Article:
Harvard’s Dershowitz makes a plausible argument that by confessing lies to the FBI he casts any evidence he gives from now on as suspect, and when Hannity gets back on the air he’ll no doubt take up the same argument, but we and by now pretty much everyone else will be more inclined to believe whatever testimony he gives to avoid all the more serious charges against him and his idiot son. The guy Trump chose as his national security adviser once worked for the Russian propaganda network Russia Today, led a standing ovation for Russian dictator Vladimir Putin at a Moscow dinner where he gave a speech, and explained to a congressional committee that he’d been paid by his speaker’s bureau rather than the Russian government, claiming not to know if the speaker’s bureau had been recompensed by the Russian government, but he was once a three-star Army general and a high-ranking Obama appointee, so there’s no telling how his testimony will play. Trump has consistently been as complimentary as Flynn to Putin’s dictatorship, with the same affinity to the increasingly totalitarian Islamic government in Turkey that Flynn worked for during for his tenure as national security advisor, and no matter how anti-climatic Flynn’s testimony might prove it doesn’t look good.
Meanwhile, the guy Trump once chose as campaign manager and his business partner are expensively contesting the special counsel’s charges regarding their own Russian business ties, Trump’s trusted senior advisor son-in-law has legal and financial and potentially Russian-related problems that are reportedly complicated by Flynn’s testimony in exchange for that sweetheart deal, and Trump’s own idiot namesake son is also reportedly in the special counsel’s crosshairs. Trump’s team is insisting this “Russia thing” will be finished year’s end with a complete exoneration, but at this point we doubt it.

— Bud Norman

Another Twist in the “Russia” Story

President Donald Trump has had a couple of relatively good weeks of news coverage, to the point we were all set to write about his so far so good performance at the United Nations, but at the last moment we noticed The New York Times’ scoop about the office of the special counsel into “Russia” informing Paul Manafort that he’s about to be indicted. If true — and to those who have been following the “Russia” story closely it seems all too plausible — that means many bad weeks of news coverage for Trump no matter how well everything else might turn out.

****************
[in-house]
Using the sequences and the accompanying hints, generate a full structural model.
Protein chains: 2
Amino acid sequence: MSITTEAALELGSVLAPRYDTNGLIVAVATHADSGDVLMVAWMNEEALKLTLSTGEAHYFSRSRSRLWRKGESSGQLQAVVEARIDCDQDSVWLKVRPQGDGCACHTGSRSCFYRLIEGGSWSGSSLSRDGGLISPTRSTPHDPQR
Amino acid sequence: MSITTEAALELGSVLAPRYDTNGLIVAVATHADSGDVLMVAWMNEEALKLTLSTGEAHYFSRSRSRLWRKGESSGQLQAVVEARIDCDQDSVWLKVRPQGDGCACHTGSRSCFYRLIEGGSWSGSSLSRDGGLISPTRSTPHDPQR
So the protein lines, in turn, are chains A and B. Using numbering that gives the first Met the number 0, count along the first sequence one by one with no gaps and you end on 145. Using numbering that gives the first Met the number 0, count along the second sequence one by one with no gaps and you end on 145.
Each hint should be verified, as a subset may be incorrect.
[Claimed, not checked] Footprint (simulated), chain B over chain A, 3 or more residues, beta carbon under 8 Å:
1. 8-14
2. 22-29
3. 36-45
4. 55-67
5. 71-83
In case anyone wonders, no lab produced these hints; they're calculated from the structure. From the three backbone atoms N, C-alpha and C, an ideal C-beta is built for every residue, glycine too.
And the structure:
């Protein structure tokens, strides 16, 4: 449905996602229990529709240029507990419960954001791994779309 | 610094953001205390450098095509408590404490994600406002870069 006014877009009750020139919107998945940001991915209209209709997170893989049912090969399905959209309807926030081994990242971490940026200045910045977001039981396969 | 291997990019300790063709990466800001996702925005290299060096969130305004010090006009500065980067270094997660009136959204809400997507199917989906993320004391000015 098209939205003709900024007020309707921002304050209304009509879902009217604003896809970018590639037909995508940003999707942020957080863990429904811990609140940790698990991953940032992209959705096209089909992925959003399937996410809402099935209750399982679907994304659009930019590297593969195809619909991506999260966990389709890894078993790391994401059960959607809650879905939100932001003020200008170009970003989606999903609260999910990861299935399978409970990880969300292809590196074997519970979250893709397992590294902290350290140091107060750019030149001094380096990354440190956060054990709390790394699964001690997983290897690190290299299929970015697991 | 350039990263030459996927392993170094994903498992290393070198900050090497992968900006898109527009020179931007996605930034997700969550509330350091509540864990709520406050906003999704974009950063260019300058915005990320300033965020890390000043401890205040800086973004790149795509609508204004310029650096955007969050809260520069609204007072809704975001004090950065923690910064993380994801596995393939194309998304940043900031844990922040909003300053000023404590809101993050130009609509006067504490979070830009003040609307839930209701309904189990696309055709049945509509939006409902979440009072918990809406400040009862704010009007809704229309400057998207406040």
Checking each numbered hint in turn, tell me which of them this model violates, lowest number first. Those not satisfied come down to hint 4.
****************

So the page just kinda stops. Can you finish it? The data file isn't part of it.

Even if you haven’t been following the “Russia” story very closely you probably know that Manafort was once Trump’s presidential campaign chairman, and has long boasted of his lucrative lobbying efforts on behalf of some of the world’s worst foreign leaders, including the Ukrainians tied to their country occupying Russian government. You might also know that as campaign chairman he sat in with Trump’s son and son-in-law in a meeting with a Kremlin-tied Russian lawyer and another Russian long suspected of laundering Russian mob money through American real estate holdings and a couple of other shady Russians, a meeting Trump’s son has acknowledged he arranged with the clear understanding that it would involve the transfer of information from the Russian government’s ongoing efforts to assist the Trump campaign. It was also widely reported that the special counsel had enough dirt to convince a federal judge to issue a rare “no-knock” search warrant on Manfort’s home to seize evidence relevant to an ongoing counterintelligence investigation, so unless you haven’t been paying any attention at all an imminent indictment shouldn’t come as a surprise.